Nothing good gets away

Dear Leo and Miller,

It’s Valentine’s Day and I want to show you my favourite photo of our wedding day. I can’t remember who took it. Someone with a broken phone because there’s a strange line down the image and there is definitely something not quite right with the light. But it is my favourite photo from that day. I love it because we don’t know it’s being taken or at least we aren’t looking at the camera which is good enough. Your Dad looks at a camera like he hates the world or at least his life: it’s very rare that a photo captures him looking even neutral never mind happy. So to have a photo where he looks like he’s enjoying himself is a wonderful thing. I love that you can see my dress riding up at the side because I have a 5 month old baby bump beneath that beautiful dress that was getting bigger by the day.

There were only 17 people at our wedding (including us) and we all went for lunch at our favourite restaurant. We ate oysters and drank champagne – it was perfect.

You should probably know that I fainted twice during our marriage service. It was a very sunny day for October and the sun was beaming down through the stain glass windows in the church directly onto my face. I also hadn’t slept that night because, Leo, you were poorly and I lay on the floor by your cot all night convinced you were going to be sick again and choke to death. I was also wearing very restrictive underwear to try and make my dress fit a bit better. It was a perfect storm of terrible conditions that physically and literally floored me. Twice. After the second time, I remember someone saying “Give her some sugar.” And your Uncle Mark gave me a soft mint. Then we tried again and eventually got through the promises and the vows etc. And then we were married. (Incidentally, the vicar who married us was a brilliant man called Nick Chamberlain who became the first Church of England Bishop to openly be in a gay relationship.)

I want you both to know that your Dad is the love of my life and I am lucky that I met him (again) when I was old enough to appreciate a good thing. We have barely spent a handful of nights apart since the first night we spent together. I understand now that love means wanting the other person to be happy. And you can’t be happy if they aren’t happy. Also, being married means taking it in turns to be strong. Without him my life would be a mess – in all ways. We were parents before we were husband and wife, we have always been more than just the two of us. Our lives are full, sometimes too full. But there is no amount of chaos we can’t get through together.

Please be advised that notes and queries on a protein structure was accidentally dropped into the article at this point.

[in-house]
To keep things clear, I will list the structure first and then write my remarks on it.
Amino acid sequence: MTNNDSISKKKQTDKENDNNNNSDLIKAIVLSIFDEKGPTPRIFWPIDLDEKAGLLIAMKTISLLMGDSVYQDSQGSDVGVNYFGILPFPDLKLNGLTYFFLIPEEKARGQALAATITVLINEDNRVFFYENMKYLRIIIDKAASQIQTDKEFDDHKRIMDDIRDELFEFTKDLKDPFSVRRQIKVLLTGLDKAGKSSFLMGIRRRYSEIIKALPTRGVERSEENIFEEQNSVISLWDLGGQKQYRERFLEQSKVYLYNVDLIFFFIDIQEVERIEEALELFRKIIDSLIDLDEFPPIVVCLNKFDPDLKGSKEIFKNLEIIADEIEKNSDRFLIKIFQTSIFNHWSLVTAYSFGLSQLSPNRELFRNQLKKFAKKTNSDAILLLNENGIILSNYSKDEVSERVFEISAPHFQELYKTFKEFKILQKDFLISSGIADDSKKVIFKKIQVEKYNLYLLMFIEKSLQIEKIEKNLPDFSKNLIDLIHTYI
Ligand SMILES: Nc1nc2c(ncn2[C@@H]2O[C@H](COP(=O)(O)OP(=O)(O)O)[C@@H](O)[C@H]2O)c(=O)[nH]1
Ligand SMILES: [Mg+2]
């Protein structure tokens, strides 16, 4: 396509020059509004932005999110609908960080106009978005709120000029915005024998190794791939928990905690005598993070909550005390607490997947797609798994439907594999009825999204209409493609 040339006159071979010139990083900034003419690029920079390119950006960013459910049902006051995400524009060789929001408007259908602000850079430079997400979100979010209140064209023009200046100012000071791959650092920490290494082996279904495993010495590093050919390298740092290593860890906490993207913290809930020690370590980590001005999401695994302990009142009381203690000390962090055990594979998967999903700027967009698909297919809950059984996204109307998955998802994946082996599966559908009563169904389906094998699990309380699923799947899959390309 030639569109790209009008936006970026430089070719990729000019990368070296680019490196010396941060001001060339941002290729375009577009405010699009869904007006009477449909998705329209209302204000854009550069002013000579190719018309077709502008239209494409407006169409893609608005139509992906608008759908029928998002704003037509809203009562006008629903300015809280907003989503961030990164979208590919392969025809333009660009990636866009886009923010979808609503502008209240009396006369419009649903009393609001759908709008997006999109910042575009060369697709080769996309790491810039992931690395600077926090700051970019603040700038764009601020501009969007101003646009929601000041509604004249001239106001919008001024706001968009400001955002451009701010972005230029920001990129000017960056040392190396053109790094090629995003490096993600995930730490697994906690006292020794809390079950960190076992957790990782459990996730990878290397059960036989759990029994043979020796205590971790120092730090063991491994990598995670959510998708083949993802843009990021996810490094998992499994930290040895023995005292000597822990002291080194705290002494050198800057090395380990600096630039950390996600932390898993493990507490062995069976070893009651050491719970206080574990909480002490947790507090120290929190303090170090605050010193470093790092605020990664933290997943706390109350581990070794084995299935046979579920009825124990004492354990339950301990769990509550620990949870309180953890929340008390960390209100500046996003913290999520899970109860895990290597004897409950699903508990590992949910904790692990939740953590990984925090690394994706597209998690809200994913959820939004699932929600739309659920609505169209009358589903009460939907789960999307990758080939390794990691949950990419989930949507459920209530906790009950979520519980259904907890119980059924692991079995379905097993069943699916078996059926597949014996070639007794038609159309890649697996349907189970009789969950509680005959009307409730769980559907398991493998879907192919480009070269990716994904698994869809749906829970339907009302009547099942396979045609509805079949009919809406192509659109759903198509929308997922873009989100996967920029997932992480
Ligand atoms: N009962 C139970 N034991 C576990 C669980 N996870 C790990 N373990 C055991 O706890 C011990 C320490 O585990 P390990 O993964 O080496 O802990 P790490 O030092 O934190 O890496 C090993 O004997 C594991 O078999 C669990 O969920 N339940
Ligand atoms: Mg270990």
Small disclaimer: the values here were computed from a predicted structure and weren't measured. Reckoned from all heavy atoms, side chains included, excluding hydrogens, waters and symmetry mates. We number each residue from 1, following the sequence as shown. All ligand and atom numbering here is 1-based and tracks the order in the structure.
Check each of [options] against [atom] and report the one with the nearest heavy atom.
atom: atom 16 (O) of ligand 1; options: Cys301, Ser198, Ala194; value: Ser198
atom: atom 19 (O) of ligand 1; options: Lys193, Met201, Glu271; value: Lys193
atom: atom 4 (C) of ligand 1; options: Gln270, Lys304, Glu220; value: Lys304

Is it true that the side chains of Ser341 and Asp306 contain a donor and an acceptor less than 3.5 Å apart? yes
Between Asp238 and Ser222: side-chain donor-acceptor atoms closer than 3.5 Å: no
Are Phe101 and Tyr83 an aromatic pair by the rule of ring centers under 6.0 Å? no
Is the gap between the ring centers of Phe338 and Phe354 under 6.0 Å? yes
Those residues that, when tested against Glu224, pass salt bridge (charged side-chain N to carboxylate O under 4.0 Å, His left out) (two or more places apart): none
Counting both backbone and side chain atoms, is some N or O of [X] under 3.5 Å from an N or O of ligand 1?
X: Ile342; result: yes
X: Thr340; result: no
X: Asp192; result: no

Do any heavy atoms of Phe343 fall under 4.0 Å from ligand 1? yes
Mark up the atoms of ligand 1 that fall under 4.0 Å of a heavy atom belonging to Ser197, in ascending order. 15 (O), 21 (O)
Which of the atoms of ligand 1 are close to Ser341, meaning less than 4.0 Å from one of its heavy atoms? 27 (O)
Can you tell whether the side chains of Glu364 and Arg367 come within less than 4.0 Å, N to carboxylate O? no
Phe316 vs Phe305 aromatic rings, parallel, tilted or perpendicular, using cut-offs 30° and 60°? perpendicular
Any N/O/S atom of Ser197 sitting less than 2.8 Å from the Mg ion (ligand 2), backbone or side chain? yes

Love Mum.

PS. I am trying to stick to the ethos that these letters don’t have to be perfect, they just have to exist. So I started it today and I’m finishing it today like all the rest and it will just have to be good enough.

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Every sort of mischief 

Dear Leo,
When you were about three months old I took you out for a walk with Popa. We bumped into one of his old friends, another ex-car salesman in his 60s or 70s and cut from the same cloth as my Dad. Popa introduced you to each other, and, as if I wasn’t even there, his friend took a step back so he could size you up better. Then he looked you over like I imagine they used to eye up cars and said “Aye. He’s a little belter Frank.” And Popa beamed with pride like I have never seen before. It’s true: you were a little belter. You never really looked like a baby, you looked like a proper little boy from the minute you were born. But a boy who gets mistaken for a girl a lot of the time on account of your long eye-lashes and all your long hair that I refuse to get cut. You get told all the time how beautiful you are and I hope it won’t turn you into a monster. I am constantly taking photographs of you which will no doubt be stoking any latent narcissism. I will be just as much to blame as admiring strangers if your ego grows out of control. But I want you to know, there are plenty of kids out there who are just as easy to look at, so don’t think you’re anything too special. Because it’s the road to ruin. Vanity can swallow a person up whole. Jane Austen (one of my favourite writers and a master of the human condition) said this “Vanity working on a weak head produces every sort of mischief.” You are without doubt a little belter Leo – just don’t let it go to your head.    

Love